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There is no cause of action in Texas for intentional interference with an inheritance. Richard Archer and Richard’s six children (the Archers) brought this action against Ted Anderson’s estate for intentional interference with their inheritance, alleging that Anderson influenced Jack Archer to disinherit them. The jury found in favor of the Archers. On appeal, the court of appeals concluded that the Supreme Court has never recognized tortious interference with inheritance as a cause of action in Texas and deferred to the Supreme Court to decide whether to do so. The court then reversed and rendered judgment for Anderson. The Supreme Court affirmed, holding that the tort of interference with inheritance is not recognized in Texas. View "Archer v. Anderson" on Justia Law

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Jefferson County v. Jefferson County Constables Ass’n, __ S.W.3d __, __ (Tex. 2018), in which the Supreme Court held that the Fire and Police Employee Relations Act applies to deputy constables because they qualify as “police officers” under the Act’s definition of that term, resolved the issue presented in this case and necessitated reversal of the court of appeals’ judgment. Petitioner was terminated from his employment as a deputy constable in Jefferson County and sued for a declaratory judgment and a writ of mandamus seeking to compel the County to participate in a binding arbitration under the terms of the applicable collective bargaining agreement between the County and its deputy constables’ bargaining association. The trial court granted Petitioner’s requests and ordered the parties to participate in binding arbitration. The court of appeals dismissed the case for want of jurisdiction, holding that deputy constables are not “police officers” under the Act and have no right to bargain collectively with their public employers. The Supreme Court reversed in part and remanded this case for further proceedings, holding that this issue was definitively resolved against the County in Jefferson County. View "Stines v. Jefferson County, Texas" on Justia Law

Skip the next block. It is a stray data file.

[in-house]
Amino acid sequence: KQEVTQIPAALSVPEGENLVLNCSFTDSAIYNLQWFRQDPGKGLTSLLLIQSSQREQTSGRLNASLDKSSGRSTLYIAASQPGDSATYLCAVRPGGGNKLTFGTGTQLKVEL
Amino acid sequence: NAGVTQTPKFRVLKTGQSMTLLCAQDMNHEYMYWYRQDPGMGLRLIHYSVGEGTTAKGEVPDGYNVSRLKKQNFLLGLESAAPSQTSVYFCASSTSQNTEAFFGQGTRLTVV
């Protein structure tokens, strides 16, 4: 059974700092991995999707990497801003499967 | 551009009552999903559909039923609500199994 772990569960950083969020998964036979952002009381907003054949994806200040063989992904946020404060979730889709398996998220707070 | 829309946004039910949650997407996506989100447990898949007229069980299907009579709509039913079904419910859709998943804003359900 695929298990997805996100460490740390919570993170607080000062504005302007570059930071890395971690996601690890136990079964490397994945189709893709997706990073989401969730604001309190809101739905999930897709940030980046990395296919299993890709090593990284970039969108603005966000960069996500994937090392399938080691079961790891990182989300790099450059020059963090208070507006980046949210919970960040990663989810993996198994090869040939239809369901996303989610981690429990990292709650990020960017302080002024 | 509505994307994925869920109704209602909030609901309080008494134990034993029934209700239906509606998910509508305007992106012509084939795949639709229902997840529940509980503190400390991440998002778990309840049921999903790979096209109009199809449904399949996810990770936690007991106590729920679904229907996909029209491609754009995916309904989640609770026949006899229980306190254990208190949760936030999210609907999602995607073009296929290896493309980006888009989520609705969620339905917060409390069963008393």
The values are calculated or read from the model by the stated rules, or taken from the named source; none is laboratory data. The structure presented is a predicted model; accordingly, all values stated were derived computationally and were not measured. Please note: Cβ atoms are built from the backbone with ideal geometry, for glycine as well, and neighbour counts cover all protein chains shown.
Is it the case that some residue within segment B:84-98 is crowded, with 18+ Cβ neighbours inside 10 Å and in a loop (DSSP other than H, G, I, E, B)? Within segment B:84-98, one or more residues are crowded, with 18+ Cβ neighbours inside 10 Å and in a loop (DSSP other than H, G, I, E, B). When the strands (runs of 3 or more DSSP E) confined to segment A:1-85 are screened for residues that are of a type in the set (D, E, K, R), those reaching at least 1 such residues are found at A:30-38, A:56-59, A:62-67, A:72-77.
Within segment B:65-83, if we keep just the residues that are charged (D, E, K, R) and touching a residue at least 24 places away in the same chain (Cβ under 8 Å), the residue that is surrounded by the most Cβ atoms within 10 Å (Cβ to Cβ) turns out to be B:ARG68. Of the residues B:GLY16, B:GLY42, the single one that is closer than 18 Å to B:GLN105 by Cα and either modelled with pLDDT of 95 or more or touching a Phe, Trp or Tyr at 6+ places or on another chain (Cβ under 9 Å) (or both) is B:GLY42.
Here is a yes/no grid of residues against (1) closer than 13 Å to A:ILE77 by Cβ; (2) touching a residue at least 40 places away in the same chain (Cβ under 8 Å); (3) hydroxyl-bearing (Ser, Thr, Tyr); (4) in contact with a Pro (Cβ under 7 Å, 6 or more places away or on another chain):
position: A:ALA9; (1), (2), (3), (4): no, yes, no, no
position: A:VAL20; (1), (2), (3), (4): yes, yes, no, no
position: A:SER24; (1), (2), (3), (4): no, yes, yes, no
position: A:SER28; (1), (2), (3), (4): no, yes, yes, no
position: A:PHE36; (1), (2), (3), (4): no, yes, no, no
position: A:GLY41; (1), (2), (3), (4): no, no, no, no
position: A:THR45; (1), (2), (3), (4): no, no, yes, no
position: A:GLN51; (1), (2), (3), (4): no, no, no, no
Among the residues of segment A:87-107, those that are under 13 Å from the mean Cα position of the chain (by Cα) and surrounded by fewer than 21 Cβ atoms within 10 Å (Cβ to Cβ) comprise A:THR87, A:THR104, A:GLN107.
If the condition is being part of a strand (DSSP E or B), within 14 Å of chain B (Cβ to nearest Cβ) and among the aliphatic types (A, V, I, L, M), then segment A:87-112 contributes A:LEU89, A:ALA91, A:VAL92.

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The Supreme Court reversed the judgment of the court of appeals concluding that Grandparents lacked standing to pursue a suit affecting the parent-child relationship (SAPCR) under Tex. Fam. Code 102.003(a)(9). Section 102.003(a)(9) confers standing to pursue a SAPCR on nonparents who have had “actual care, control, and possession of the child for at least six months.” The child at issue in this case lived in Grandparents’ home for the first twenty-three months of her life. During the last eight of those months, Grandparents were the child’s primary caretakers and providers. Grandparents filed a petition to modify a SAPCR order requesting conservatorship of the child. The trial court dismissed the petition, determining that Grandparents did not establish that they had “actual care” or “actual control” over the child for the six-month period preceding their petition filing. The court of appeals affirmed. The Supreme Court reversed, holding that Grandparents, having continuously engaged in a parent-like role on a day-to-day basis during the statutory time period, had standing to pursue a SAPCR under section 102.003(a)(9). View "In re H.S." on Justia Law